When you see someone else in pain, the pain network in your own brain winces as if you were experiencing their pain yourself. This is great for everyday empathy, but not necessarily so useful if you're a doctor. When you're the one wielding the needle or planning a treatment regimen, you need to make sure your concern for your patient's pain doesn't distract you from the task at hand. According to Jean Decety, doctors get around this conflict by reducing their sensitivity to other people's pain.
Decety's team used electroencephalography (EEG) to monitor the electrical activity arising from the brains of 15 doctors and 15 controls while they looked at dozens of static pictures of people being pricked in various body parts by a needle or prodded by a cotton bud.
When a person looks at someone else in pain, their EEG response typically shows two distinct characteristics: a frontal component after 110ms, which is thought to reflect an automatic burst of empathy, and a more central, parietal component after about 350ms, which reflects a conscious evaluation of what's been seen.
As expected, the control participants showed an enhanced early and later phase EEG response to the needle pictures compared with the cotton bud pictures. The doctors, by contrast, showed no difference in brain response to the two categories of picture.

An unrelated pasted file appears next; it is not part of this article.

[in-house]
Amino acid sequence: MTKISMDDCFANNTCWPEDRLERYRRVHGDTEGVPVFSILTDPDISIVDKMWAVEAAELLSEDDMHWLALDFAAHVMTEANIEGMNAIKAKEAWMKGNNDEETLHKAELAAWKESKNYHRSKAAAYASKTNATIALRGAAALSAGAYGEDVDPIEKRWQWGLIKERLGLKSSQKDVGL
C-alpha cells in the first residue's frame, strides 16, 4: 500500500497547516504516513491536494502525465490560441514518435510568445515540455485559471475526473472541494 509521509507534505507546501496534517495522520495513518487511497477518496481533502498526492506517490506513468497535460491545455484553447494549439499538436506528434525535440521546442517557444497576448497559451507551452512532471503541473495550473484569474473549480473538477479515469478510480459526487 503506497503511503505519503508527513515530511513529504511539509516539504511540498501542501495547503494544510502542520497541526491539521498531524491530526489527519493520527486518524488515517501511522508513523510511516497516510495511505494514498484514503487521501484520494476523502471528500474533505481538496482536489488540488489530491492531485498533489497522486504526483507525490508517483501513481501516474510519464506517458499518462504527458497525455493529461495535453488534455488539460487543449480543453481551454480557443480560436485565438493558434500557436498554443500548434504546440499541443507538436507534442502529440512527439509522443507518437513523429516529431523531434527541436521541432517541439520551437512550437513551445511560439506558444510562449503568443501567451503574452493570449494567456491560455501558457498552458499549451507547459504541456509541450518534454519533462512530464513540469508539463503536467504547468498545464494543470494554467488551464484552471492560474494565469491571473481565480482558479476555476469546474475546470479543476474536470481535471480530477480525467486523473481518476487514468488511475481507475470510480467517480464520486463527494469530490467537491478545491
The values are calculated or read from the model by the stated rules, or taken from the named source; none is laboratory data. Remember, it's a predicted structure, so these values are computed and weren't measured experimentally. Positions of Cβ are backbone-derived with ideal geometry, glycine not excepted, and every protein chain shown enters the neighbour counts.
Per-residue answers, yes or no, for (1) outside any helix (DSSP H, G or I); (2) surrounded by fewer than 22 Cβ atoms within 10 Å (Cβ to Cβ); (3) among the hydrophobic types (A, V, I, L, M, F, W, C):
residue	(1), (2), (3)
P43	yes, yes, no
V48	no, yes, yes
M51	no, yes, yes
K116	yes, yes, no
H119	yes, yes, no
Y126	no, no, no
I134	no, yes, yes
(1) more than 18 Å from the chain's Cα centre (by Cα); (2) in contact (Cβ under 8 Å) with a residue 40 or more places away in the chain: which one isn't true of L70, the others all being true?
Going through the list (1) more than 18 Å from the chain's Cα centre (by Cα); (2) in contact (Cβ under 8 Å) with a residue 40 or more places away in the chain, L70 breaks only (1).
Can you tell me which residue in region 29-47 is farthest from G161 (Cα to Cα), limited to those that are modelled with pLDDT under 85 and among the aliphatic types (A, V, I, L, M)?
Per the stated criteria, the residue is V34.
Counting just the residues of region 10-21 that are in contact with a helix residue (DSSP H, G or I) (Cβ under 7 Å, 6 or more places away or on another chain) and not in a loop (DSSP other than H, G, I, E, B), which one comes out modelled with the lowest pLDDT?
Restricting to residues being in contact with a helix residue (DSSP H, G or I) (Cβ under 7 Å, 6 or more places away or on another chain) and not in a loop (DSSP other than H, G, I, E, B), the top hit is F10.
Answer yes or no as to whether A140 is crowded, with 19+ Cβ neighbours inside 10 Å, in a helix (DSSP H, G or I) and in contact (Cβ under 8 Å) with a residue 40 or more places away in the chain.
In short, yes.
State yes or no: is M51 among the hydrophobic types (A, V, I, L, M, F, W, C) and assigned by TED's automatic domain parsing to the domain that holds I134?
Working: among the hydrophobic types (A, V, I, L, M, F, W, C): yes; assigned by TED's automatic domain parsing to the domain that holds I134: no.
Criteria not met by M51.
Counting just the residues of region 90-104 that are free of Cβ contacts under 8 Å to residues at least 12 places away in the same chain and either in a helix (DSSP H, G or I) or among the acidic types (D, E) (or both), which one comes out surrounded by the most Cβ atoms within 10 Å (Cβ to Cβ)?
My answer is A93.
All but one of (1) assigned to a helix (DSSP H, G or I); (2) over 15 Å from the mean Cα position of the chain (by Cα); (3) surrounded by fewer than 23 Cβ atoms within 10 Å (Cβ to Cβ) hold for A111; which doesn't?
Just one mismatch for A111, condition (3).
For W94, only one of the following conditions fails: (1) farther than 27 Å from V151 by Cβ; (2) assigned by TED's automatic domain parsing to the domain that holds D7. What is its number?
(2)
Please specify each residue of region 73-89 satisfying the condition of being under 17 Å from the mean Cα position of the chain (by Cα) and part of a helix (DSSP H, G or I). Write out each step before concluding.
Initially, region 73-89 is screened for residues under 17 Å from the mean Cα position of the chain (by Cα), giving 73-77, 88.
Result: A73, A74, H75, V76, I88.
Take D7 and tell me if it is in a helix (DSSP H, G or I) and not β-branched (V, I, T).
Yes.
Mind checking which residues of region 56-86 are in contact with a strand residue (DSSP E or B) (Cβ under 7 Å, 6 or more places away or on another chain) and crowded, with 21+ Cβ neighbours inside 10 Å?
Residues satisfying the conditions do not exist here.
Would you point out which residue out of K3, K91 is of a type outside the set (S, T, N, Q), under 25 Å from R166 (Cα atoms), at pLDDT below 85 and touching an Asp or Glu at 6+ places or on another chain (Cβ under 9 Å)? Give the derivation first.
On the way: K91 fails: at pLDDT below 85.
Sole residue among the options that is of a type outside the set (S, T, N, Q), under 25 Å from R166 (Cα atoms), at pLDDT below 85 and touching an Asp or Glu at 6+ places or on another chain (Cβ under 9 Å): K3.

This suggests that even the very early, automatic brain response to other people's pain is suppressed in doctors, as is the later more evaluative response. Decety and his co-authors said that from a practical perspective, this is a good thing: 'Effective emotion regulation is essential for physicians exposed to the suffering of others because it dampens counterproductive feelings of alarm and fear and frees up processing capacity to be of assistance for the other.'
However, the researchers warned that the constant need to suppress their natural emotional response could prove stressful for doctors and place a strain on their relationship with their patients. 'Physicians face the challenge of devoting the right balance of cognitive and emotional resources to their patients' pain experience,' Decety's team said. 'They must try to resonate and understand the patient without becoming emotionally over-involved in a way that can preclude effective medical management.'
Decety J, Yang CY, & Cheng Y (2010). Physicians down-regulate their pain empathy response: an event-related brain potential study. NeuroImage, 50 (4), 1676-82 PMID: 20080194
Post written by Christian Jarrett (@psych_writer) for the BPS Research Digest.